Recently, I asked fellow marketers Michelle Garrett and Cecile Thirion to name a platform underutilized by B2B marketers. Both Michelle and Cecile mentioned YouTube.

YouTube for B2B marketers

Michelle, a PR consultant and writer at Garrett Public Relations, noted, “With the rise of video, many brands already have video content that could be leveraged there. Cisco is an example of a B2B brand effectively using YouTube. With over 216,000 subscribers, Cisco posts content like its keynote presentations, live events and how-to videos.”

Cecile, an On-Demand VP of Marketing and Head of Marketing & Social for MOCCA, shared a Social Media Fact Sheet from Pew Research Center.

The Pew Research Center fact sheet found that 73% of U.S. adults use YouTube, quite representative of the population as a whole. 80% of college graduates, 87% of people ages 30-49 and 70% 50-64 are using YouTube. According to Cecile, “These people are most likely involved at some point in a buying decision process.”

Cecile added that 91% of people aged 18-29 use YouTube, so it can be a useful channel for engaging the new generation entering the workforce.

Cecile continued, “Successful B2B brands use YouTube to focus on the customer experience, creating and co-creating content with their online community. They understand that YouTube videos offer a transparent and authentic way to deliver value and engage with their customers.”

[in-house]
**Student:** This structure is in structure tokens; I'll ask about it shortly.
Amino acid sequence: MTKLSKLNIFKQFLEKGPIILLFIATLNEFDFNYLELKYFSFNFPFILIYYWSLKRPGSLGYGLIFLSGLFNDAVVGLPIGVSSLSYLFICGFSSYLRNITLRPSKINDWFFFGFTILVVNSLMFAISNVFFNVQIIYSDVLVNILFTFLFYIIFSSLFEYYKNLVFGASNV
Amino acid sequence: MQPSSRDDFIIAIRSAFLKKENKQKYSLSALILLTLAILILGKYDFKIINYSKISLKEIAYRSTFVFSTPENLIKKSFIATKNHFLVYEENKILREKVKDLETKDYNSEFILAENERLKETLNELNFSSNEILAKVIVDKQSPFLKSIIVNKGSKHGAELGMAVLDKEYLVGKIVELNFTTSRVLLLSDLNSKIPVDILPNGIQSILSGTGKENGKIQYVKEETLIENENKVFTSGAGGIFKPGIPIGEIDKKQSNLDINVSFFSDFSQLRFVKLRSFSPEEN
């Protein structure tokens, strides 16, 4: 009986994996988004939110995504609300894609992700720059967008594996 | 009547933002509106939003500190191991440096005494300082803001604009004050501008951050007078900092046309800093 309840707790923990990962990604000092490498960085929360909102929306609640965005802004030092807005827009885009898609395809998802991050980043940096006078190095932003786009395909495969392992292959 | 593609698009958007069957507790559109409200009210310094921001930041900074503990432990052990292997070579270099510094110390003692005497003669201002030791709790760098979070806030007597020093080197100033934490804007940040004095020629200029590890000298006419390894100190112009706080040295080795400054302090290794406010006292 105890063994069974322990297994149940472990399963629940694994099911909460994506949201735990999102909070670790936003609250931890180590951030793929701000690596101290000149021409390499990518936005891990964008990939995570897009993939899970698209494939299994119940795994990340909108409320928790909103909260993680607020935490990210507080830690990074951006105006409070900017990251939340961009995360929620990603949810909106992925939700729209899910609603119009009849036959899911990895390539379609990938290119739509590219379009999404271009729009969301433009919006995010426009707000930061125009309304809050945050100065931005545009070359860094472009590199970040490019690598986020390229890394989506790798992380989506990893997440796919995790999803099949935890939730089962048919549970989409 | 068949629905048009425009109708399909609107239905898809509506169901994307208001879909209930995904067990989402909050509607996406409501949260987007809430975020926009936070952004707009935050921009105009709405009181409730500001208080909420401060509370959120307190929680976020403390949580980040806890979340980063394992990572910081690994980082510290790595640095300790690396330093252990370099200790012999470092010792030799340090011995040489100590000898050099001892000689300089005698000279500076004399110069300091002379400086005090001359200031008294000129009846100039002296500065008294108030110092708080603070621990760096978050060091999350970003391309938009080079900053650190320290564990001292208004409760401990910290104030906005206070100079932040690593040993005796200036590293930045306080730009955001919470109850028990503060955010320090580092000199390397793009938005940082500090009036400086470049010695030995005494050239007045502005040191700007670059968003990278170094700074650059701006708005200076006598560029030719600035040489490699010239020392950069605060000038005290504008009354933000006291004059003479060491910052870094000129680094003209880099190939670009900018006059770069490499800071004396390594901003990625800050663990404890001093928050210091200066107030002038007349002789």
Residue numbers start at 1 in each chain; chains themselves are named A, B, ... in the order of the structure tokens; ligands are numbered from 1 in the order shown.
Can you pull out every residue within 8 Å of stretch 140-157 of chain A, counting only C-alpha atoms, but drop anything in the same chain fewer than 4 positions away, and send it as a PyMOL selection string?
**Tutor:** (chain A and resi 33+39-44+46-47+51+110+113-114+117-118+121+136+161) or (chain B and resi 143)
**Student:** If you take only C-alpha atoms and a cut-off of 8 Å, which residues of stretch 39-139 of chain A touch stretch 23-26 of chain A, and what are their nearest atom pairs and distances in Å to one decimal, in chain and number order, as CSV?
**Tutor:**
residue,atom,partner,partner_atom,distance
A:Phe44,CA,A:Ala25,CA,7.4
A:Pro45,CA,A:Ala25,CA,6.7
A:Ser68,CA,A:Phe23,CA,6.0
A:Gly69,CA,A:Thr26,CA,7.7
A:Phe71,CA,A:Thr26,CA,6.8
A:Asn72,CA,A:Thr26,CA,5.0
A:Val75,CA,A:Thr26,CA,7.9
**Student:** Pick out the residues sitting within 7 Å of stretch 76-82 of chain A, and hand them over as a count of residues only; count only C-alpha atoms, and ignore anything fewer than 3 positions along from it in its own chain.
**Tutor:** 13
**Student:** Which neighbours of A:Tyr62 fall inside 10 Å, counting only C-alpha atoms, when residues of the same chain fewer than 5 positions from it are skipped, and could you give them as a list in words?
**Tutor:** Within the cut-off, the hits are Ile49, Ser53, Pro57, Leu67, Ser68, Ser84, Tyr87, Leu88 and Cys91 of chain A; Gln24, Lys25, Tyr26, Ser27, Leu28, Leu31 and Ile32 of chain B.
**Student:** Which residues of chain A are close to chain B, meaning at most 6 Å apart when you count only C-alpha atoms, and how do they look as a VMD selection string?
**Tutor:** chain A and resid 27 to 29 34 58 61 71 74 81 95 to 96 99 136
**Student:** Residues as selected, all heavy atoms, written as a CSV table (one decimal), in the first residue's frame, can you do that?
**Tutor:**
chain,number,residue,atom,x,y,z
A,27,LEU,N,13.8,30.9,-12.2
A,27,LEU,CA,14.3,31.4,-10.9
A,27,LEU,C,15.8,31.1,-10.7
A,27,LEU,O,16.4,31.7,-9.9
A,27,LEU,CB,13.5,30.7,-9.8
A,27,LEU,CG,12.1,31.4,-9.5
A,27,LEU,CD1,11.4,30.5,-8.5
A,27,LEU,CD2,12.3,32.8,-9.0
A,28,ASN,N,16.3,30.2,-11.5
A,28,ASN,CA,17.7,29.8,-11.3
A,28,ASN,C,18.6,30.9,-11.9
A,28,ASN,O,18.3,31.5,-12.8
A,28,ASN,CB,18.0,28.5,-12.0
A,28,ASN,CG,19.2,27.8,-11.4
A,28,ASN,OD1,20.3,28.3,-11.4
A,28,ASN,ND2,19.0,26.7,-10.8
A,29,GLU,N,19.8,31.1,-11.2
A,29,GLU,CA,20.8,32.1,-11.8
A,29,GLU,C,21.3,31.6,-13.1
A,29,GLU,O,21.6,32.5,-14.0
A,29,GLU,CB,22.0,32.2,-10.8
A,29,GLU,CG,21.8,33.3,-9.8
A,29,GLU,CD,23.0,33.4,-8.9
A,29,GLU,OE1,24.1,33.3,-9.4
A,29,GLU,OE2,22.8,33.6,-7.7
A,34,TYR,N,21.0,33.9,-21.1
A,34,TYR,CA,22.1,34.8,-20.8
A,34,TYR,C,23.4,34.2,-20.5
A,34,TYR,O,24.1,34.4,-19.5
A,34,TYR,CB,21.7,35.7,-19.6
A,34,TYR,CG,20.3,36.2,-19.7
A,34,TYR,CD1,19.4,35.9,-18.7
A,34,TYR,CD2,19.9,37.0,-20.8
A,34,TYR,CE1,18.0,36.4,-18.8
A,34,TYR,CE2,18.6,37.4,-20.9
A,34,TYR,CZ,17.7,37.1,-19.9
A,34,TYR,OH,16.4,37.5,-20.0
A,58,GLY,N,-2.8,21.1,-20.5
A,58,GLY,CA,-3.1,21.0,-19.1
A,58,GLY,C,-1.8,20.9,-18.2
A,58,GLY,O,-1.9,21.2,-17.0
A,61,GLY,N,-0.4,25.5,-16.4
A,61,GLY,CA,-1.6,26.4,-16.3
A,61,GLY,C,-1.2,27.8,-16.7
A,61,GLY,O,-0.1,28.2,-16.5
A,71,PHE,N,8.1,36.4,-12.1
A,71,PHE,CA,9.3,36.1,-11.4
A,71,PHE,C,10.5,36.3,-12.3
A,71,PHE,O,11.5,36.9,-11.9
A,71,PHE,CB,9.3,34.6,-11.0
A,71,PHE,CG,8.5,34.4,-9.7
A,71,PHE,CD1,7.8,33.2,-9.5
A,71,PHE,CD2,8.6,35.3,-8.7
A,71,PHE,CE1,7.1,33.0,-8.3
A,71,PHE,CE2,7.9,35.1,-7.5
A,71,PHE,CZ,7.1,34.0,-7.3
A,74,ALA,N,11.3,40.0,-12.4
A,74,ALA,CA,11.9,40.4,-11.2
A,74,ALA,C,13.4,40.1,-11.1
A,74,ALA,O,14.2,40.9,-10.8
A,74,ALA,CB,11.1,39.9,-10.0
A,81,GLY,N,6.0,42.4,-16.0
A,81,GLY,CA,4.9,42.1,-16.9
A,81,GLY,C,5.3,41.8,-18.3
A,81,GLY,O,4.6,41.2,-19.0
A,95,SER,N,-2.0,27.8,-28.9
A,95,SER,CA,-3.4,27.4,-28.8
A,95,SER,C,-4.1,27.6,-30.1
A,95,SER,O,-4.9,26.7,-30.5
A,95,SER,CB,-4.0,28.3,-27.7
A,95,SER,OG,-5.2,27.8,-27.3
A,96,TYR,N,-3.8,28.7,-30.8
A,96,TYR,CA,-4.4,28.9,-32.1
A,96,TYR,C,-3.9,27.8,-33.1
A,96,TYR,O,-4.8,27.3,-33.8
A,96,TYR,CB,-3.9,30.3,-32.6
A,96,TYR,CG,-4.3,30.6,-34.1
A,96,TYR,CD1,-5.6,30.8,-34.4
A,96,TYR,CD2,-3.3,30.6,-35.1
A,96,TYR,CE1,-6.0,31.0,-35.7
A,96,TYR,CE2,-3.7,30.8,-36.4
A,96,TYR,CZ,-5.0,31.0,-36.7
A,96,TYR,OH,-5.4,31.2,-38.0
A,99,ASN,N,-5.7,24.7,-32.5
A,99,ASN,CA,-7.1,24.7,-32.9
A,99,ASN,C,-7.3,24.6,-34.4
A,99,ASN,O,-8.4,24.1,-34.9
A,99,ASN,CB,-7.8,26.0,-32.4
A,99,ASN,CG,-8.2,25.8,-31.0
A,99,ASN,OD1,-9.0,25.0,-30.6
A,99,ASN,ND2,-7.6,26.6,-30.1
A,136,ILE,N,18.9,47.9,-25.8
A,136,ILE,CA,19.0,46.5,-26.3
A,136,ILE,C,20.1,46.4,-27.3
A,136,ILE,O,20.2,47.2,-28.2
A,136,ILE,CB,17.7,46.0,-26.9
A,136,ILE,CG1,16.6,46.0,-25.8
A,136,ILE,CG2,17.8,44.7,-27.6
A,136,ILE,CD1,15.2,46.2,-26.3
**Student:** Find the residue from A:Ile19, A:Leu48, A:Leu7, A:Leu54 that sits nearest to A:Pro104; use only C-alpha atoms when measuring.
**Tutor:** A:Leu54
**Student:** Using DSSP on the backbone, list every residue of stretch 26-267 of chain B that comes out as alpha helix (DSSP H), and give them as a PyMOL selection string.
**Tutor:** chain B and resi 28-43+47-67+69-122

Cecile cited the YouTube channels of the following B2B brands:

HubSpot Academy, a YouTube channel from HubSpot.

Watching YouTube on a Friday night

Based on Michelle and Cecile’s strong endorsement of YouTube, I spent a recent Friday night on YouTube looking for captivating videos from B2B brands.

The process I used wasn’t overly scientific. Here it was:

  1. Generate a somewhat-random list of 35 B2B brands.
  2. Visit YouTube and search for the brand’s page.
  3. Watch the featured video at the top of the page.
  4. Scan the Playlists for interesting titles.
  5. Click the “Videos” tab to see a full list of uploaded videos.

Overall, B2B brands’ YouTube content is too “me focused,” with videos of product announcements, product demos, footage from their own conferences and talking-head videos of their executives.

I ignored the me-focused videos.

I applied two filters: the first was based on the video title. It had to be interesting. The second filter was applied after watching the video. I looked for videos that did the following:

  1. Made me laugh.
  2. Provided practical information.
  3. Made me watch through to the end.

I also looked for videos that were “unique” — yes, I know, a broad and subjective term.

Showcase: 5 videos that got it right

After visiting the YouTube pages of the 35 B2B brands, most of the videos I watched were dull. But these five stood out.

Kids plan a movie production using Airtable

I’ll start with my favorite video.

It’s from Airtable, a SaaS product that teams use to organize their work. The “team” featured in their video comprised several kids who were planning a Hollywood-style movie.

This video had a high production quality, with sophisticated humor that persisted throughout.